Bank of America has biggest losses in bond portfolio among peers

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Bank of America

major portion of its bond portfolio is sitting on the largest losses among the country’s largest banks.

Bank of America (ticker: BAC), like other banks, invests in Treasury securities and mortgage-backed securities in addition to lending. Banks have seen the value of those bond portfolios decline as interest rates have risen since the beginning of 2022. Bond prices fall when interest rates rise.

Bank of America had $862 billion in debt securities at the end of 2022 totaling nearly $3 trillion in debt securities. Of that, $632 billion of bonds, mostly federal agency mortgage securities, were classified as near maturity for accounting purposes.

Banks are not required to record loss on the change in value of those securities unless the loan is sold. Nevertheless, holdings in that bucket, which carry minimal or no credit risk, were still showing a loss of about $109 billion at the end of 2022 due to increased interest rates over the past year.

This compares with loss of $36 billion for similarly classified bond portfolios.

JPMorgan Chase

(JPM), for $41 billion

Wells Fargo

(WFC), and $25 billion in

City Group

(c) and only at $1 billion

goldman sachs group

(GS), based on each company’s 10-K filing with the Securities and Exchange Commission.

The attention on the banks’ bond losses has increased since regulators seized on the Silicon Valley bank on Friday.

SVB Financial

The lender’s parent had unrealized losses of $15 billion on its $91 billion held-to-maturity bond portfolio. This was equivalent to almost all of $16 billion in tangible capital.

Banks classify their loans and other securities under another accounting treatment called available for sale. Any loss on these securities should be reflected in the capital level and reduce capital, even if the debt is not sold. Bank of America had $221 billion in bonds classified under this accounting treatment, and that bucket showed losses of about $4 billion at the end of 2022.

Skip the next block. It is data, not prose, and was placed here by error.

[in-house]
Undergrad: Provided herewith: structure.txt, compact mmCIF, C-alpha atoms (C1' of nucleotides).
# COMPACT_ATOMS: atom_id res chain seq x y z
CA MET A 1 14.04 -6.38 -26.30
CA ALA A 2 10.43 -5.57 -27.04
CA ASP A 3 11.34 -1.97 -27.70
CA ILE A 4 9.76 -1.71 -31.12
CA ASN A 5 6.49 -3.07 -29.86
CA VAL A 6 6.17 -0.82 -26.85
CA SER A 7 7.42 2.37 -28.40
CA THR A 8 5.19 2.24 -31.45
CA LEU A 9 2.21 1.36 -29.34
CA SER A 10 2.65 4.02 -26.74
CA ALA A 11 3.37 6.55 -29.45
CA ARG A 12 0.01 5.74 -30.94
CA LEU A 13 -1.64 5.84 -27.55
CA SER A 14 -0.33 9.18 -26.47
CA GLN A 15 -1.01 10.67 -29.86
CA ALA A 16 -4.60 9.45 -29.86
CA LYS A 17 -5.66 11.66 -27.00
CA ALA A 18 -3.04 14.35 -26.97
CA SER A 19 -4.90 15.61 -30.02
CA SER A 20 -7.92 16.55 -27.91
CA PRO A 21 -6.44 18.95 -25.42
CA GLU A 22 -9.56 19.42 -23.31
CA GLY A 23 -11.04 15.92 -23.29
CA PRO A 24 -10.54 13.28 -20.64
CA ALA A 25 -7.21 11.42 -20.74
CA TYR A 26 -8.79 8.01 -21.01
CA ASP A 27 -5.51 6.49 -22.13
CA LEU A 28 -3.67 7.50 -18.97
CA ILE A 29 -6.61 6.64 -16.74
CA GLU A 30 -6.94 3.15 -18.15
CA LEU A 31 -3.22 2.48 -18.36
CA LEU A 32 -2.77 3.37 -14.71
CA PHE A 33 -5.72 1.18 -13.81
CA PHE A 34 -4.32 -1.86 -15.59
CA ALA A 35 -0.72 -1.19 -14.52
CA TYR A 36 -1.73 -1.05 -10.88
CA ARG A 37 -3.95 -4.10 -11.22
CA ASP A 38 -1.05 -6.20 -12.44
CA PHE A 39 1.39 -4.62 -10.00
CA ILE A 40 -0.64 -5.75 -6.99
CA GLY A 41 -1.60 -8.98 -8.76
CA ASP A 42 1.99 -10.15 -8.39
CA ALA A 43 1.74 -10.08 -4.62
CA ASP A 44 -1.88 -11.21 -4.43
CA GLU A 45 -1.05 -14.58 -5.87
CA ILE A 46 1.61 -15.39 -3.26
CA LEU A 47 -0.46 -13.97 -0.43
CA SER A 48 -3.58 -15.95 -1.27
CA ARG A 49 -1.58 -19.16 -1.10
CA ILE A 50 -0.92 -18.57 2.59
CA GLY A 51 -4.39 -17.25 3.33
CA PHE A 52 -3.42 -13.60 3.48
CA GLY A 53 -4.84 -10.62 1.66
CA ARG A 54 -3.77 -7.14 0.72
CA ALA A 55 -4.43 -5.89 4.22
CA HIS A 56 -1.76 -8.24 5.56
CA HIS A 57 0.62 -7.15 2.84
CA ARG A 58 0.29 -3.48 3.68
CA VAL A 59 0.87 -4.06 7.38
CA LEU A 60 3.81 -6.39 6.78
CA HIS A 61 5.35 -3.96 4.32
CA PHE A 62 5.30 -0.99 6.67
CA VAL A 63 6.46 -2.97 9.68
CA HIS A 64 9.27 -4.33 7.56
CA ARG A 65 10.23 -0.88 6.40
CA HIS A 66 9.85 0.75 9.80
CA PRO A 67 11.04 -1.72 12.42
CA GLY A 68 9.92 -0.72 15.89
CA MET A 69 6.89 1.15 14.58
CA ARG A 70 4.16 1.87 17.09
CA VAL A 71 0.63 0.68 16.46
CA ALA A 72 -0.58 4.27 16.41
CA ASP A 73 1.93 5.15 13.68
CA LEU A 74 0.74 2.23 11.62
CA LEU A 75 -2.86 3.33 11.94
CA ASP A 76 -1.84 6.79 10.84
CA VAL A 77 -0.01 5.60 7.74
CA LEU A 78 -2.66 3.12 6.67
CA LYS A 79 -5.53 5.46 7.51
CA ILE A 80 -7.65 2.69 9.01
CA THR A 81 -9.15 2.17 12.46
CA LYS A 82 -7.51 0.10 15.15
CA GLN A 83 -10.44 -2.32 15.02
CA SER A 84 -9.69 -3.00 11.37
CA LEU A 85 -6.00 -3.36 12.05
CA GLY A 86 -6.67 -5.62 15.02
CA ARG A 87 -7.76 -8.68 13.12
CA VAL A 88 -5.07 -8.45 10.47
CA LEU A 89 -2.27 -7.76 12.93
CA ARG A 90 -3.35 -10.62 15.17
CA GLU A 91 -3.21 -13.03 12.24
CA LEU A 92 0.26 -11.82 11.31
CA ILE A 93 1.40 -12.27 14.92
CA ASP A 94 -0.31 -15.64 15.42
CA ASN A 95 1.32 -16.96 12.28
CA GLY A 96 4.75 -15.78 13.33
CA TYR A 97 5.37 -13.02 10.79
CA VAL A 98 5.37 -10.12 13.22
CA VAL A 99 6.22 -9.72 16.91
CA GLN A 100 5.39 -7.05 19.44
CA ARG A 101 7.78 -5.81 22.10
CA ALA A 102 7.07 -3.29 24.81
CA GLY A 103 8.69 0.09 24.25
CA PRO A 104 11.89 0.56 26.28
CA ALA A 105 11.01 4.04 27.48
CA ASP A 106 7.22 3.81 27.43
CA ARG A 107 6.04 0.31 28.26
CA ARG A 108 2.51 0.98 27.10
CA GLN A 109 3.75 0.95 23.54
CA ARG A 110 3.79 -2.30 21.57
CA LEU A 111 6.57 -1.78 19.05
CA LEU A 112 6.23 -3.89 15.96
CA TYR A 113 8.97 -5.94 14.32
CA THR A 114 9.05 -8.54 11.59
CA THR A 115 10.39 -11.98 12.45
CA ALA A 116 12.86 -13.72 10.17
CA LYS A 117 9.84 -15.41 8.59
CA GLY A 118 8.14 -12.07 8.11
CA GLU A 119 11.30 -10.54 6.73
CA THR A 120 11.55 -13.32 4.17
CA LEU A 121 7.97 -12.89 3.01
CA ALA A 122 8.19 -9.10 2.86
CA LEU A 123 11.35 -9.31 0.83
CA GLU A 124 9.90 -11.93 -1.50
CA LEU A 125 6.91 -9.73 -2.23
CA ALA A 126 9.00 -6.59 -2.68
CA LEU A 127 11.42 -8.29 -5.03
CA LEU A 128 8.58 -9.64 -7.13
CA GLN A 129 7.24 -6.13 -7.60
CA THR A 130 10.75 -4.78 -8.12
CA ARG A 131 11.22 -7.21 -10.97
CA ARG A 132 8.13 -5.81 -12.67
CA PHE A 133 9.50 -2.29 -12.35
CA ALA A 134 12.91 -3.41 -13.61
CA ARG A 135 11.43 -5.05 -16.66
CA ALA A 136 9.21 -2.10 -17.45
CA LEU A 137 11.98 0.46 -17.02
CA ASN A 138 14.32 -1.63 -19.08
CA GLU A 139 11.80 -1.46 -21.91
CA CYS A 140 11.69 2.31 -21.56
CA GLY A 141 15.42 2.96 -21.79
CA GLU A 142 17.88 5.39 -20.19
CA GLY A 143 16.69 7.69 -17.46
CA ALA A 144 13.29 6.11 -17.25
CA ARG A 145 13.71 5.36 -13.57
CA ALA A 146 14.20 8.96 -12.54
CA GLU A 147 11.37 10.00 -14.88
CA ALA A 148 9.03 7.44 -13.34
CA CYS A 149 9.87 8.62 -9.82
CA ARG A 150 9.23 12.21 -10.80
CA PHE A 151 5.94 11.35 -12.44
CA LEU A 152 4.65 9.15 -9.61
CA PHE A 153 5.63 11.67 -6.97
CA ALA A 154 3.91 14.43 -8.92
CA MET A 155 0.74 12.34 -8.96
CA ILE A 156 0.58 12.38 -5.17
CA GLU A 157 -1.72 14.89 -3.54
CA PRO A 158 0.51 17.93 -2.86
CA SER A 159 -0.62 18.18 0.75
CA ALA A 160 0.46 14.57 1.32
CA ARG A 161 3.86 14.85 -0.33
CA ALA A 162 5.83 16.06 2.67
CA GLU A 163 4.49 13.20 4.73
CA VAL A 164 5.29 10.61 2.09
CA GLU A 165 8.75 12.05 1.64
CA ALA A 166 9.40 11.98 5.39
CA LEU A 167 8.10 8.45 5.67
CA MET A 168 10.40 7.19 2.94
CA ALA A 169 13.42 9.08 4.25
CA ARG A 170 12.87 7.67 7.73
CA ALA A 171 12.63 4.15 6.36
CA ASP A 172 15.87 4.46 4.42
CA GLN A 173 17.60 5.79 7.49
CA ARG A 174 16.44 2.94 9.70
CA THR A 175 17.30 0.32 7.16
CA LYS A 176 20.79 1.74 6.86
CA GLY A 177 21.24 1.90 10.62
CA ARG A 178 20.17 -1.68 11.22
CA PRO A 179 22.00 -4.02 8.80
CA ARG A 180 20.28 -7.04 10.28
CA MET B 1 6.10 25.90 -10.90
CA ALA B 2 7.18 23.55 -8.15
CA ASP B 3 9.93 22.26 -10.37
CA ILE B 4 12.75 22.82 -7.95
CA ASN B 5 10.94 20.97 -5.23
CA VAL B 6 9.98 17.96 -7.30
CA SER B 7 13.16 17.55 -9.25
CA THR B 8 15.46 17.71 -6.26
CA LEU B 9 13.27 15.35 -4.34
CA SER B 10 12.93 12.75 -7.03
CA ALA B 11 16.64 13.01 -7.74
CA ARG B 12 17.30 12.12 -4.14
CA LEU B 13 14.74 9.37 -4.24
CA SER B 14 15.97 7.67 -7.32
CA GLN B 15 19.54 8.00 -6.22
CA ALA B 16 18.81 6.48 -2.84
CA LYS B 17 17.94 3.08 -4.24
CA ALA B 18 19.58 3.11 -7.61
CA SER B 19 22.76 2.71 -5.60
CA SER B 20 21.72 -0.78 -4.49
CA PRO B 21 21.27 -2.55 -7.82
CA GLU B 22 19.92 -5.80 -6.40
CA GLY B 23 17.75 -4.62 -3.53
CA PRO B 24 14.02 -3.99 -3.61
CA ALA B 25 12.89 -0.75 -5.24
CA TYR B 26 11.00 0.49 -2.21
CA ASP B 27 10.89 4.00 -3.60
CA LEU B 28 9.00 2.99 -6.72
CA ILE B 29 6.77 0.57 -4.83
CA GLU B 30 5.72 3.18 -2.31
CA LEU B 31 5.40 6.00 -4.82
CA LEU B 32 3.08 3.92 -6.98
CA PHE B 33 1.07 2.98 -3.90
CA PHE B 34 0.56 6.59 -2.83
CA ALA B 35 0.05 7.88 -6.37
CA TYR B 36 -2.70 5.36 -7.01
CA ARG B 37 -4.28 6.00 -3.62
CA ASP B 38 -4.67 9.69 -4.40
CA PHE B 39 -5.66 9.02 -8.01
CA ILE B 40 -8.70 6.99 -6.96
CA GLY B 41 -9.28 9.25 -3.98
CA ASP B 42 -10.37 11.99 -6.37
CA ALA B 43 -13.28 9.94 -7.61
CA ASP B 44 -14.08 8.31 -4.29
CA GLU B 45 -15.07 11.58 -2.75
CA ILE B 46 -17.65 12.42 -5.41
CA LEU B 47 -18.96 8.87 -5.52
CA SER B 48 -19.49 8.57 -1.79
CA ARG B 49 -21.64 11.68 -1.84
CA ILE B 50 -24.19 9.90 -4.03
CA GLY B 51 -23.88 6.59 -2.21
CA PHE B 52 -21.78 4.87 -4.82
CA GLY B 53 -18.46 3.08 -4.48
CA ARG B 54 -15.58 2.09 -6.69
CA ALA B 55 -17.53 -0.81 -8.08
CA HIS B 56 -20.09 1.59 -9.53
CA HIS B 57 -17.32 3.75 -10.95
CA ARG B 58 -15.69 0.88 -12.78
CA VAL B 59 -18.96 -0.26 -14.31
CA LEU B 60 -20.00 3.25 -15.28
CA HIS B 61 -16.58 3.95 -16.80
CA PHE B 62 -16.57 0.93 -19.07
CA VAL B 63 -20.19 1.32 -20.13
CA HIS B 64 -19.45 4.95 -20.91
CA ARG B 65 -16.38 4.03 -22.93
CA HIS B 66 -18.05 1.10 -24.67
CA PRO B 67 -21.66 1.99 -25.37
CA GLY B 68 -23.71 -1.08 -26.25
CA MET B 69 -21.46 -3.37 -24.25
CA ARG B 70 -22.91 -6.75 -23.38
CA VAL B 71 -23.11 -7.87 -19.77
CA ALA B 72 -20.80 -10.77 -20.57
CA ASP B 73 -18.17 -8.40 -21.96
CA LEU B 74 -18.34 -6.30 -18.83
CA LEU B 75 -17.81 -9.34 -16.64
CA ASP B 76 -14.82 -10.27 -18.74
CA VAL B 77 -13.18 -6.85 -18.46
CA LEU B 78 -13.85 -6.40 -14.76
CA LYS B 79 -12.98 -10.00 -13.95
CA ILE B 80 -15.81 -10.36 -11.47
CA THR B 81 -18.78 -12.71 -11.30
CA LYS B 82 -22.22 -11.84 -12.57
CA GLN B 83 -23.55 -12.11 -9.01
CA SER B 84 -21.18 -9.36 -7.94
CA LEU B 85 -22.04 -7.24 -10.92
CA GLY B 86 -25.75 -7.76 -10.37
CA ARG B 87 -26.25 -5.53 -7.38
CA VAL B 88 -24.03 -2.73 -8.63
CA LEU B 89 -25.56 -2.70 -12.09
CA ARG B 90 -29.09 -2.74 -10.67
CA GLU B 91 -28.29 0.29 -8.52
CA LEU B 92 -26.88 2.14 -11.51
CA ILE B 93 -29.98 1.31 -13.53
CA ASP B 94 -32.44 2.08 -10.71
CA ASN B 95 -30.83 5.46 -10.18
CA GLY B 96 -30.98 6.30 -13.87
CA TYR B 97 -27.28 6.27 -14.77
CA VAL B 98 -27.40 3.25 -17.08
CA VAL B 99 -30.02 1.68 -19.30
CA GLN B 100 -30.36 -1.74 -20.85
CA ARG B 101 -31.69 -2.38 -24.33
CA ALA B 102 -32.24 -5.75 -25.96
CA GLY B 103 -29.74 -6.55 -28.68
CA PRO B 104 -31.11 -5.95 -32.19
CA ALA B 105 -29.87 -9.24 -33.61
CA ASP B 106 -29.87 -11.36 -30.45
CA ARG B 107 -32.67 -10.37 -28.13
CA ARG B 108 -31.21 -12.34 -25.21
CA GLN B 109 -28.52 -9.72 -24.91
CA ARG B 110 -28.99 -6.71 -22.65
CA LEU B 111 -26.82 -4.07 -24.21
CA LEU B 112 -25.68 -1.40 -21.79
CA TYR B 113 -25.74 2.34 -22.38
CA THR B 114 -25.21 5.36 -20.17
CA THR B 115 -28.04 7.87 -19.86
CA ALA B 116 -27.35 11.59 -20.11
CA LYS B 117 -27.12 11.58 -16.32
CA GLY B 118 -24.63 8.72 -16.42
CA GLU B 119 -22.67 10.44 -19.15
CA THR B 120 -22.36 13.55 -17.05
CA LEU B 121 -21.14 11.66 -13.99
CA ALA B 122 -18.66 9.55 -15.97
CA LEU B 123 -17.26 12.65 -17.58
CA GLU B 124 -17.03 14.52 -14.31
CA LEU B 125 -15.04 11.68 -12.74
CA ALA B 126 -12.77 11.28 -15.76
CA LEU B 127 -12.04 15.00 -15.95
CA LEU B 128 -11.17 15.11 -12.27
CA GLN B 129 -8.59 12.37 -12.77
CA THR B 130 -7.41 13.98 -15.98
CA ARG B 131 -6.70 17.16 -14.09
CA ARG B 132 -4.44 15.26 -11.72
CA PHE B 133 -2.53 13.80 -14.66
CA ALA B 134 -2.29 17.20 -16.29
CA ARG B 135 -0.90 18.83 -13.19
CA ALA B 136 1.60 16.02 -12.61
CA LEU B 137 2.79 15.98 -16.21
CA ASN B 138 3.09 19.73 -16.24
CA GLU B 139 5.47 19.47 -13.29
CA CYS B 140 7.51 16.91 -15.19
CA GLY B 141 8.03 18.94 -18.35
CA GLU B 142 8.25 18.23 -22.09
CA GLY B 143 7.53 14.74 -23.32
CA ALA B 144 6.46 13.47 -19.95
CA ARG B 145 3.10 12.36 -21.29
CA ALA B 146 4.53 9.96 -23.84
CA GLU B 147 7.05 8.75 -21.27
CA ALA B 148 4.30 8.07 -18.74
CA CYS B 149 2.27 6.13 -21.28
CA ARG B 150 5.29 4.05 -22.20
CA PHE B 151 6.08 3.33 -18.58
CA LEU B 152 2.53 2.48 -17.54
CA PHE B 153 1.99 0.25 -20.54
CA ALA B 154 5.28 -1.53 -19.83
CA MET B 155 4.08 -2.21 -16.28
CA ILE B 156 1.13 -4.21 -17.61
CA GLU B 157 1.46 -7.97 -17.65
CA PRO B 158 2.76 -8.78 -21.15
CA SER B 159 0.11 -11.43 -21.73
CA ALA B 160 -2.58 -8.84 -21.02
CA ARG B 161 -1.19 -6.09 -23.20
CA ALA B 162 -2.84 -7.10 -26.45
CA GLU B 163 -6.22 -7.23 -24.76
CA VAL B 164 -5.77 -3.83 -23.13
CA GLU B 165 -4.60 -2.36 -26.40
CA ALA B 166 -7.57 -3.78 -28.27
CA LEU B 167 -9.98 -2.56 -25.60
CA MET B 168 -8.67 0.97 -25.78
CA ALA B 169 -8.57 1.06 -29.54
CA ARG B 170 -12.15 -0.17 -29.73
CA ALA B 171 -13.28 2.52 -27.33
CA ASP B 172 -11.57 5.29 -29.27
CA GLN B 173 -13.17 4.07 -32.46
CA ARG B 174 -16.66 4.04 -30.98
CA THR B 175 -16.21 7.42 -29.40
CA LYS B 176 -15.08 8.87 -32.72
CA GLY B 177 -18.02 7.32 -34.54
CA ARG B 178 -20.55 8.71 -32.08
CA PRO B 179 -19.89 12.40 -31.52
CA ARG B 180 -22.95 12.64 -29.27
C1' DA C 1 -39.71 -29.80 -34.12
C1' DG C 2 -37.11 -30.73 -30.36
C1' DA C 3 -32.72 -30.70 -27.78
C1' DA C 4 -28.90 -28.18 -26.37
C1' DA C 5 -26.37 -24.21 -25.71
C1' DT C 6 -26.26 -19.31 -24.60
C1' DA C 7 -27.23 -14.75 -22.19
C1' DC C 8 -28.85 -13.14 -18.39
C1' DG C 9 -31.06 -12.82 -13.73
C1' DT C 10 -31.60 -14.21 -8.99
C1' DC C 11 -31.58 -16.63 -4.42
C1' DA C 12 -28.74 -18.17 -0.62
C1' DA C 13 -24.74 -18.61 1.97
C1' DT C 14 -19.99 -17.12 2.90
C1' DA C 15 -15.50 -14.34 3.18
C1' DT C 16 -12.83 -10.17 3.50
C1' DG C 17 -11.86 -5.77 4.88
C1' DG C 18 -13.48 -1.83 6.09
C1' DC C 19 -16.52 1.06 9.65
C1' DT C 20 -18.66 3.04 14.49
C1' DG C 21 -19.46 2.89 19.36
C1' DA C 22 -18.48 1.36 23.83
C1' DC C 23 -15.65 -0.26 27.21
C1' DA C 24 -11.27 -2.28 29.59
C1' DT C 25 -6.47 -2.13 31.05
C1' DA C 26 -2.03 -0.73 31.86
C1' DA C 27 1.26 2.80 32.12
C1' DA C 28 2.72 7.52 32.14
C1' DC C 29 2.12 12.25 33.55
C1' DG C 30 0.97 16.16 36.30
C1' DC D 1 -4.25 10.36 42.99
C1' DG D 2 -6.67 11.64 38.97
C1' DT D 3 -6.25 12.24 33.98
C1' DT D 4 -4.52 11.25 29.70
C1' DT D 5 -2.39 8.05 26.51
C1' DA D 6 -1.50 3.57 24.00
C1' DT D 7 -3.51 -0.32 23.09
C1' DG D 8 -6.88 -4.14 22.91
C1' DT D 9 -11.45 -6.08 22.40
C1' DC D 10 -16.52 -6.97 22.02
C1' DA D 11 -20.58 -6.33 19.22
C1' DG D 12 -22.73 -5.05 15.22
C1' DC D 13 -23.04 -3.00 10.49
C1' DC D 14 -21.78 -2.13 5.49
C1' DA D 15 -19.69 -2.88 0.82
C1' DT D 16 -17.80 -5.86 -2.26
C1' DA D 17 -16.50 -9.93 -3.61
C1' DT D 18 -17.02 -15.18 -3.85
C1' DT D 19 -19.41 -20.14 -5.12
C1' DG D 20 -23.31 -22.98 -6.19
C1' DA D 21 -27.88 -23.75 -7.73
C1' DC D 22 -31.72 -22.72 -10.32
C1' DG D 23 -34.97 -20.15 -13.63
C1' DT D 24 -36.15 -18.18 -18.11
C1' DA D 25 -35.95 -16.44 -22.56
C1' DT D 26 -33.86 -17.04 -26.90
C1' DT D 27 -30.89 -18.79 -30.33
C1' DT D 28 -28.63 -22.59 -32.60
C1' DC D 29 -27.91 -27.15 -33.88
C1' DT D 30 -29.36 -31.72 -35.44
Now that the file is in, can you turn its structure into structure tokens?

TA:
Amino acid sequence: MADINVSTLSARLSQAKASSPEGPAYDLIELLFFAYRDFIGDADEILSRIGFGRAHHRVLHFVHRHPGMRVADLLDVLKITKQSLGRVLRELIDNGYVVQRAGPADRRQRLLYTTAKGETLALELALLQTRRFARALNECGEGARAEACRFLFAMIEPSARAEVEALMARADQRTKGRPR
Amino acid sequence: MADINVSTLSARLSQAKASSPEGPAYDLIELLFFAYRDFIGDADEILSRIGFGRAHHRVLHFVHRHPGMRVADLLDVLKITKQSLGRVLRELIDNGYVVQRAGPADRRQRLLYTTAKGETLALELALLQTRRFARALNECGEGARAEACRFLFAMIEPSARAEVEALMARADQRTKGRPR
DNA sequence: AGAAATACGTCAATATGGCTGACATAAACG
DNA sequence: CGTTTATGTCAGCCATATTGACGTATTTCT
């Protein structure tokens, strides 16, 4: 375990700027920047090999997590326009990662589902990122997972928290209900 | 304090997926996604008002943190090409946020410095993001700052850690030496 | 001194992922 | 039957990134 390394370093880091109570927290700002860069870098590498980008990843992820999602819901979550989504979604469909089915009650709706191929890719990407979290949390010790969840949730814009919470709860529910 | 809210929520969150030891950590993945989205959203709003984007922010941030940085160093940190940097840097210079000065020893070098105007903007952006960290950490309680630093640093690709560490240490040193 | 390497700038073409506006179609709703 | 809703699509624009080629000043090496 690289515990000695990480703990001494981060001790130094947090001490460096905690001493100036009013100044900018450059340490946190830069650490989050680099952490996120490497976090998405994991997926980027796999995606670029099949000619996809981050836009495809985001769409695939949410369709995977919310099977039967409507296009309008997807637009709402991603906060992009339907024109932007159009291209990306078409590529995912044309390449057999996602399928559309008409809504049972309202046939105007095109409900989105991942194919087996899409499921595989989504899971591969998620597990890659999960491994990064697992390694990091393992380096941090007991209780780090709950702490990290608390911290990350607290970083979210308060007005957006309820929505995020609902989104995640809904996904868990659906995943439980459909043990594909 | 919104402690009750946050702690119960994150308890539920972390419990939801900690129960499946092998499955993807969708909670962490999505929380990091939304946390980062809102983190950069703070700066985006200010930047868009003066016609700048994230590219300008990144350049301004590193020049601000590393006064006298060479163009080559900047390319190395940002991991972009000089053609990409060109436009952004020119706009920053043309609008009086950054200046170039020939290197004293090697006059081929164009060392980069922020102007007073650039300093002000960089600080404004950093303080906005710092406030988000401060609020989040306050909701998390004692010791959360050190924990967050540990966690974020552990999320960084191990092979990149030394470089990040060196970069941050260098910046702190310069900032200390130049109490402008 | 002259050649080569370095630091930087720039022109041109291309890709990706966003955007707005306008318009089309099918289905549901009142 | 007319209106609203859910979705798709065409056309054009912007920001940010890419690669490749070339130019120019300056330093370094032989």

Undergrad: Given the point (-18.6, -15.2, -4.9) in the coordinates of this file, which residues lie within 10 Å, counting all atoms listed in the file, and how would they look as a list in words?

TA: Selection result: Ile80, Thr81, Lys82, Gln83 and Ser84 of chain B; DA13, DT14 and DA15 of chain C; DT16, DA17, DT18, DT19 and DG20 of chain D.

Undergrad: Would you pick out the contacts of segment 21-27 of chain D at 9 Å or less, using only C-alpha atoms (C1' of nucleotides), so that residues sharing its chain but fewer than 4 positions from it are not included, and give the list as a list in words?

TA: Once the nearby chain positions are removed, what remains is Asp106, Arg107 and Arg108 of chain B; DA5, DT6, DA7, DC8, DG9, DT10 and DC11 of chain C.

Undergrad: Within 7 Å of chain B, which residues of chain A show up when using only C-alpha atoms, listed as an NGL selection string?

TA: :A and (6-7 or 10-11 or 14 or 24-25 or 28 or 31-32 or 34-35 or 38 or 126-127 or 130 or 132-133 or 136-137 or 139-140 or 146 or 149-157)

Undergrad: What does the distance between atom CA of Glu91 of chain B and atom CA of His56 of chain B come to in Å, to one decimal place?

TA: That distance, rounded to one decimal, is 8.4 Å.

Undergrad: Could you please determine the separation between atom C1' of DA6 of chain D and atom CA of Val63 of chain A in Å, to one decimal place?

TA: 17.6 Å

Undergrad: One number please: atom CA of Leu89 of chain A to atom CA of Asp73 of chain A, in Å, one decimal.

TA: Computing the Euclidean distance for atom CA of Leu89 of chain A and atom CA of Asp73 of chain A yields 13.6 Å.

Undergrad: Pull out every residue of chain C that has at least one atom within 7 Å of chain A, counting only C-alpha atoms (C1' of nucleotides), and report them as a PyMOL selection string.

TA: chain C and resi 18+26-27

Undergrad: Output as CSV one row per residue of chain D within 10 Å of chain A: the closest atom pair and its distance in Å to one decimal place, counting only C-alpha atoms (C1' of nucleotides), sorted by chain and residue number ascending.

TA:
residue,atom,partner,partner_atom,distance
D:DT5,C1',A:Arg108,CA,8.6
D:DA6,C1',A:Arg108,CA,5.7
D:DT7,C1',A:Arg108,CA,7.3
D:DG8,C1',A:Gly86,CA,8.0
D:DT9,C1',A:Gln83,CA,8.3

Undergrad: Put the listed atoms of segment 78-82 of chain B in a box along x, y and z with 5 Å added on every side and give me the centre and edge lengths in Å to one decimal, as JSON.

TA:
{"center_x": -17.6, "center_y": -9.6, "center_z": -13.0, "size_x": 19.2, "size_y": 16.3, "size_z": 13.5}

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Bank stocks fell again on Monday after last week’s beating. In late afternoon, Bank of America closed down 3.8% at $29.13 after trading below $28 early in the session. JPMorgan Chase fell 1.2% to $132 and Wells Fargo (WFC) fell 5% to $39.29.

The idea behind the held-to-maturity accounting rule is that banks invest in Treasury and federal agency mortgage securities that carry minimal or zero credit risk for the long term and intend to hold them until the bonds mature. Assuming this occurs, losses from changes in bond prices melt away as the bond matures, bringing about full repayment of the principal.

Like other large banks, Bank of America has plenty of liquidity and is under no pressure to sell any of its held-to-maturity bond portfolios and realize losses.

Bank of America ends 2022 with $1.9 trillion in deposits, including the roughly $1.4 trillion in retail deposits that remain at given bank because of trouble moving them. The Federal Reserve is also providing a backstop in the form of loans to banks when they need them.

But the size of banks’ bond portfolios and any resulting losses are indicative of the interest-rate risk, or duration risk, that lenders face. In that sense, Bank of America is standout among its peers.